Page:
“Even the rest of the top 10 players in the world are finding it hard to take a game off him. It does not matter whether one wants to play long rallies with him, 100 or 200 shots, he’s game for it.” :p
     
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  19. Cunning Linguist

    Cunning Linguist Regular Member

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    @kurako

    I think we were both right. Lots of cross drops that increased speed, but also zombie-mode. He really didn't celebrate anything, just soldiered on.

    For posterity, Steen's comments regarding the Olympics:

    "I really look forward to the Olympics, because I'm looking forward to what edition of Momota we're going to see.
    I think we're going to see a Momota that can be compared to [...] I think we're going to see a Momota that can be compared to the 2008 Lin Dan and the 2016 Carolina Marin - a player who plays significantly faster than everyone else.

    Something that we really haven't seen yet on the tour. I think he's played a lot of tournaments, he had to work really hard to get back to the top of the world ranking and gain access to the tournaments, he's played an awful lot. So I think when he gets this little break and is fine-tuned to the Olympics, then we're going to see a version of Momota that we haven't seen yet. That's going to be scary."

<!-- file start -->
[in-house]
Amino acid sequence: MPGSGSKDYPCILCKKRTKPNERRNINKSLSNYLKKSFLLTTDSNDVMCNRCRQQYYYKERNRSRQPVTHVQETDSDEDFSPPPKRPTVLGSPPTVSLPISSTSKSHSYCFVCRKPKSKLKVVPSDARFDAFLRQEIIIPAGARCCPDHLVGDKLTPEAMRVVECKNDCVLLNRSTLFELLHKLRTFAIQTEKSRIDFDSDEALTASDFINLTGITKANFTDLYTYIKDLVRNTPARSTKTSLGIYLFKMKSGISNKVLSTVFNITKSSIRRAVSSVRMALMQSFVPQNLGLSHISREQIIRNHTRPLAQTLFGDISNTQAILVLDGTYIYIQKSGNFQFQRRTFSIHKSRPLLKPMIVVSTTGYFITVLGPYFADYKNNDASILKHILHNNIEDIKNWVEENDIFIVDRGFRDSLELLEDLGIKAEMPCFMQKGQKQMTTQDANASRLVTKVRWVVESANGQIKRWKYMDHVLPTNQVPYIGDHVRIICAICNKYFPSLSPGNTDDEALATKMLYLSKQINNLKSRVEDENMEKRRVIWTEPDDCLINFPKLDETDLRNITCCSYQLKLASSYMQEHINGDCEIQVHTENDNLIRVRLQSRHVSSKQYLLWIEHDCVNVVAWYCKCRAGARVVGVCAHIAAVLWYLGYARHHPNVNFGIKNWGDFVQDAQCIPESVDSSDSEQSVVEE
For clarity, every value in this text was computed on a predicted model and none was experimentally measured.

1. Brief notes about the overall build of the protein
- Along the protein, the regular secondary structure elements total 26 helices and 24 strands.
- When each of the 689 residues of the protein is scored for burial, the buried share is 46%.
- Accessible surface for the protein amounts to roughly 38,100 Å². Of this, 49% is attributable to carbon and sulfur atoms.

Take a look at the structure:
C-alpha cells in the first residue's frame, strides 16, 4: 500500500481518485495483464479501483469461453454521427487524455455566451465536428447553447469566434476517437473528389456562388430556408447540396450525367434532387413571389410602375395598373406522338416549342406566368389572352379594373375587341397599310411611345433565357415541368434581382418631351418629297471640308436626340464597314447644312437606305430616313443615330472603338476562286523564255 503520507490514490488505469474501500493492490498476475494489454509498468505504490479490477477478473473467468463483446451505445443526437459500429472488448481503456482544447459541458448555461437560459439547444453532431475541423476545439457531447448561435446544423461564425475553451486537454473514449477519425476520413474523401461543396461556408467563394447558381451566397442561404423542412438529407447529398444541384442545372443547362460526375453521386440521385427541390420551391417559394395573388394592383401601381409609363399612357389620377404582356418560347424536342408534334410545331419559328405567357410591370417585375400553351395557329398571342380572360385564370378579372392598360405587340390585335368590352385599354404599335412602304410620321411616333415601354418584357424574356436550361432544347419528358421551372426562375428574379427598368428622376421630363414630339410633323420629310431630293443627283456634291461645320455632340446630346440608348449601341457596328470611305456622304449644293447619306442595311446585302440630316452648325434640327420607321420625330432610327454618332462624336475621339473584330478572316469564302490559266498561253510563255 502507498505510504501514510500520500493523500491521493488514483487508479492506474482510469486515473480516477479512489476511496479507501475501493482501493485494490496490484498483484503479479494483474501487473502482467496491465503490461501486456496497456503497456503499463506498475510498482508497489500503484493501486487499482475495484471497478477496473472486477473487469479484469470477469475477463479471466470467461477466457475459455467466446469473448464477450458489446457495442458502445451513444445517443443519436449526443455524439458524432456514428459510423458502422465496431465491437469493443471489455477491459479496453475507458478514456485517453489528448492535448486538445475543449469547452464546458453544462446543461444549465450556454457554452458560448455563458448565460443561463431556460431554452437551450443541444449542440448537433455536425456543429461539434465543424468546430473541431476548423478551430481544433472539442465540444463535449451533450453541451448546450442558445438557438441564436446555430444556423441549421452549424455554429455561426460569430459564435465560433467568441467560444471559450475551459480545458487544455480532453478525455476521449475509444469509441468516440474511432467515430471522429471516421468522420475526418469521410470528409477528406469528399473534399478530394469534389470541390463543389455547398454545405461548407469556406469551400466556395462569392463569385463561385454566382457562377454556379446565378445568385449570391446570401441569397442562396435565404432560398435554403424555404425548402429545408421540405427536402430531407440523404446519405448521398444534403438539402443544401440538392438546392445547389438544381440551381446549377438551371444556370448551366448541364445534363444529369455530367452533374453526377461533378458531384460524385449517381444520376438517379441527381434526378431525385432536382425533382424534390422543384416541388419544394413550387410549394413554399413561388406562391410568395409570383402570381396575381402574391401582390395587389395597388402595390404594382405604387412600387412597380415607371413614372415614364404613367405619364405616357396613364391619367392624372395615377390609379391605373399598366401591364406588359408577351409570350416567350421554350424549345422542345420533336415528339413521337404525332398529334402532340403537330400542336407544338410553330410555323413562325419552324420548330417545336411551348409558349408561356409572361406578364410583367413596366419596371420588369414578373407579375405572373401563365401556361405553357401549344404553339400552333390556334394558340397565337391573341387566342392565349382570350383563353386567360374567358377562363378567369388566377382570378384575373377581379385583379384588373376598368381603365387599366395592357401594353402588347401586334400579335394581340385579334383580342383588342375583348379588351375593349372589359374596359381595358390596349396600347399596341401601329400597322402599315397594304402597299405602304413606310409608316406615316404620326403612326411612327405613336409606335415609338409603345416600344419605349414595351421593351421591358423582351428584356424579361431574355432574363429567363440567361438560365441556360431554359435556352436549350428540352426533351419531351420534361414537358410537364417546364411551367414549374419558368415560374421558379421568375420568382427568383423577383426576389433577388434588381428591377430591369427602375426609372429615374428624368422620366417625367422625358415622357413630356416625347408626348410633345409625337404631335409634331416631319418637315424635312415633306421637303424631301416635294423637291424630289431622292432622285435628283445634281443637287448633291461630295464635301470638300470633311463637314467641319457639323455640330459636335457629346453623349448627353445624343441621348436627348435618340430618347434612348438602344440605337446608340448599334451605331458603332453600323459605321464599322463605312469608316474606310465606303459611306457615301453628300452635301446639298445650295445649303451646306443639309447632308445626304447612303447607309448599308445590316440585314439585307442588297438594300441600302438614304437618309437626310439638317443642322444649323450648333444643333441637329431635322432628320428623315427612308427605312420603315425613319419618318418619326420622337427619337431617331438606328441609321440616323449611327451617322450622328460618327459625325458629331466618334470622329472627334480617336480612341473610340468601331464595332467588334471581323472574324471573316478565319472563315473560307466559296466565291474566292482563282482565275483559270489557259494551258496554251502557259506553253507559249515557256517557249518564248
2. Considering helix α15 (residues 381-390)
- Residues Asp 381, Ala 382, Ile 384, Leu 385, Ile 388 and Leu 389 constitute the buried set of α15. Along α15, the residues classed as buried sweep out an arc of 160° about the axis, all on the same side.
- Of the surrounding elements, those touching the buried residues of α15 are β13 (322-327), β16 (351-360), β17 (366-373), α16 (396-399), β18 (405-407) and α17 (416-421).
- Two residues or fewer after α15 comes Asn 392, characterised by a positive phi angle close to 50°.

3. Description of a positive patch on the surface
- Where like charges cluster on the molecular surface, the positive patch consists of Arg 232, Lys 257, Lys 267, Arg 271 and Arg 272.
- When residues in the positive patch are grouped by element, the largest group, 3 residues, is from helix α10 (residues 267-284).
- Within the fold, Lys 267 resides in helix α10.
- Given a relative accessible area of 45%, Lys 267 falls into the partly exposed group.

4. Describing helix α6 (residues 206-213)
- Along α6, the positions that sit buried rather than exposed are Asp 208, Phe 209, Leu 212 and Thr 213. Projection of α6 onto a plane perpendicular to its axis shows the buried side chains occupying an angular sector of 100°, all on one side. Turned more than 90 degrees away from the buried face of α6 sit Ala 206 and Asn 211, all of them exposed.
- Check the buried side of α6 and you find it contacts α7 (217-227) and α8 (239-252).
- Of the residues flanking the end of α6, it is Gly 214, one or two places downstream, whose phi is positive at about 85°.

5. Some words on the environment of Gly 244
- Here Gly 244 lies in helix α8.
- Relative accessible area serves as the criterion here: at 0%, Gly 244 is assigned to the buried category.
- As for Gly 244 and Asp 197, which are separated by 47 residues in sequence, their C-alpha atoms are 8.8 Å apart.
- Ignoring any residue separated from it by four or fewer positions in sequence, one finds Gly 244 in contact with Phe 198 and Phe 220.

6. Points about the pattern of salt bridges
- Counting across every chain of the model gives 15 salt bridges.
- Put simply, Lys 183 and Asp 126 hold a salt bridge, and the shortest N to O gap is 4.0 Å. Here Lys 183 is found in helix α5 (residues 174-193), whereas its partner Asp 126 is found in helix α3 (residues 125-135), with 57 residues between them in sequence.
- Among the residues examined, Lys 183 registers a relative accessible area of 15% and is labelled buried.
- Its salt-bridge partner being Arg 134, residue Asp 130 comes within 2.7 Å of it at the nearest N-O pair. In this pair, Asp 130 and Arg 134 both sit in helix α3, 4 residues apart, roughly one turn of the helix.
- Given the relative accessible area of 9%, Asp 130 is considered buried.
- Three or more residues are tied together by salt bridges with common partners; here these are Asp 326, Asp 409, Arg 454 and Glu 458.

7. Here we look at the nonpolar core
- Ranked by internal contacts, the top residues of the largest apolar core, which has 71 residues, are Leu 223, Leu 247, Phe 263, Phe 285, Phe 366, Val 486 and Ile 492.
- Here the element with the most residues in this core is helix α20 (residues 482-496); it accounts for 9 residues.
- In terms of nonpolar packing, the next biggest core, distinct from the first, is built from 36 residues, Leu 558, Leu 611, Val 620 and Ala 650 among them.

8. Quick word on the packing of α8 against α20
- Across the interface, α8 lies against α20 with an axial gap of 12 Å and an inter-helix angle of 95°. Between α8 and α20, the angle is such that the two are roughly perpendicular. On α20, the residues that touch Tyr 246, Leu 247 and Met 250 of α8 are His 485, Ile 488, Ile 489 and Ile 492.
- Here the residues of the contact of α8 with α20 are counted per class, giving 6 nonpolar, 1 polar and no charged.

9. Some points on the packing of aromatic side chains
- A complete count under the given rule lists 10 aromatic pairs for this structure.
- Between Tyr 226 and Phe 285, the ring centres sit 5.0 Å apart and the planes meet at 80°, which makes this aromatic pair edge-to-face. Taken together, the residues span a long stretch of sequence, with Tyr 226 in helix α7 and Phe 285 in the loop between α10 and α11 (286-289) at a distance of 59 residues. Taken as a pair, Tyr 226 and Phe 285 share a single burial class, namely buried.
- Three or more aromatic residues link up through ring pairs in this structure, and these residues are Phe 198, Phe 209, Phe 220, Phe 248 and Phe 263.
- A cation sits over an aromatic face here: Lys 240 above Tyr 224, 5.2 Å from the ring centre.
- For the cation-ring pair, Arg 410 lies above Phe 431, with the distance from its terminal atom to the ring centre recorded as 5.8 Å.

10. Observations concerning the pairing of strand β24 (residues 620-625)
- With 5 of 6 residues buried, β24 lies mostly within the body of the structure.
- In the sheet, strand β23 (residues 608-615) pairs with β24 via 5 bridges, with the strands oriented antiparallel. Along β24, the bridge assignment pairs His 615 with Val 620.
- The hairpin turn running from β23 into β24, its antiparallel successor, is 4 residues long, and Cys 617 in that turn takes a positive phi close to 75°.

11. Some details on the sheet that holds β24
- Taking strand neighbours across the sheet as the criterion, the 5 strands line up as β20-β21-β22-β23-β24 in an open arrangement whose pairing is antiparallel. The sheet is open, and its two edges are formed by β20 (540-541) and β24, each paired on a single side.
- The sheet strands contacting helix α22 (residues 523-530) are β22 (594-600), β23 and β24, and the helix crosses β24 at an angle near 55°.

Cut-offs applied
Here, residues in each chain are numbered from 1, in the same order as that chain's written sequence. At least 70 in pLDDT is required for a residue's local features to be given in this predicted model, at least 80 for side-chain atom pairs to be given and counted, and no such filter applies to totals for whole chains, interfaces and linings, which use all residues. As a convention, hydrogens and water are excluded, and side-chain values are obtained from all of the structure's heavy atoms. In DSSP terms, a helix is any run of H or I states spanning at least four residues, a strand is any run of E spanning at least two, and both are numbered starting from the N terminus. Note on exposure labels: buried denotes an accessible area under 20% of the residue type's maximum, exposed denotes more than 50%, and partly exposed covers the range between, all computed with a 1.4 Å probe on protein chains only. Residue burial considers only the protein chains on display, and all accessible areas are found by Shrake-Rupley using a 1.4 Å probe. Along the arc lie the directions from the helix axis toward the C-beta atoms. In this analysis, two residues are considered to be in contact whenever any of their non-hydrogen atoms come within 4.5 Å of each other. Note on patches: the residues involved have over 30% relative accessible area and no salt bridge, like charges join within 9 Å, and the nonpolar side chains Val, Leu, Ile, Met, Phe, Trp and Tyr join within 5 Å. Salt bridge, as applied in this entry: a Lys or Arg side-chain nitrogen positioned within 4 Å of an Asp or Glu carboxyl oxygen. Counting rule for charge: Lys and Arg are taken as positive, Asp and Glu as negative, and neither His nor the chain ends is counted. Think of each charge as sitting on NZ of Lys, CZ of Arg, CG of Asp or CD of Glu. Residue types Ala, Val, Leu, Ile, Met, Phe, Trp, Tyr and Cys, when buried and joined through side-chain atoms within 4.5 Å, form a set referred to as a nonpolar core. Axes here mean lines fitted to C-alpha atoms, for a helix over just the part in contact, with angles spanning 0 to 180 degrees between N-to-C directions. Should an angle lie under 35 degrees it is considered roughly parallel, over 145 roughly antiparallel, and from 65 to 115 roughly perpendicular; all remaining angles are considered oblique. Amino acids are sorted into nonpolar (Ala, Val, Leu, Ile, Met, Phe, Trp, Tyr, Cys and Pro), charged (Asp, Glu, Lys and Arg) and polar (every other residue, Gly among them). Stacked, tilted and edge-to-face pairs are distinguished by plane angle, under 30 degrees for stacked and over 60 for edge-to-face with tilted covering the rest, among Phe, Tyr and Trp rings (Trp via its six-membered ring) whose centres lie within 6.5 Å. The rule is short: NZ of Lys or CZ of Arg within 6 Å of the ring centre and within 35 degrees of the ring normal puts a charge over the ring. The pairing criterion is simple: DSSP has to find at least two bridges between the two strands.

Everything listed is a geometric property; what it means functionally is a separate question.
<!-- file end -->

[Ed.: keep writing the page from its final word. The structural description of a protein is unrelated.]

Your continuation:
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  20. huynhvinhthang

    huynhvinhthang Regular Member

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    I agree with most assessments, but I think if the 2nd game were played as well as the 1st, this zombie Momota vs Axelsen would be at classic match level. How much of Axelsen failing and how much better Momota plays against the drift made the difference in score is difficult to say. While physically subpar, I think the shot quality is super.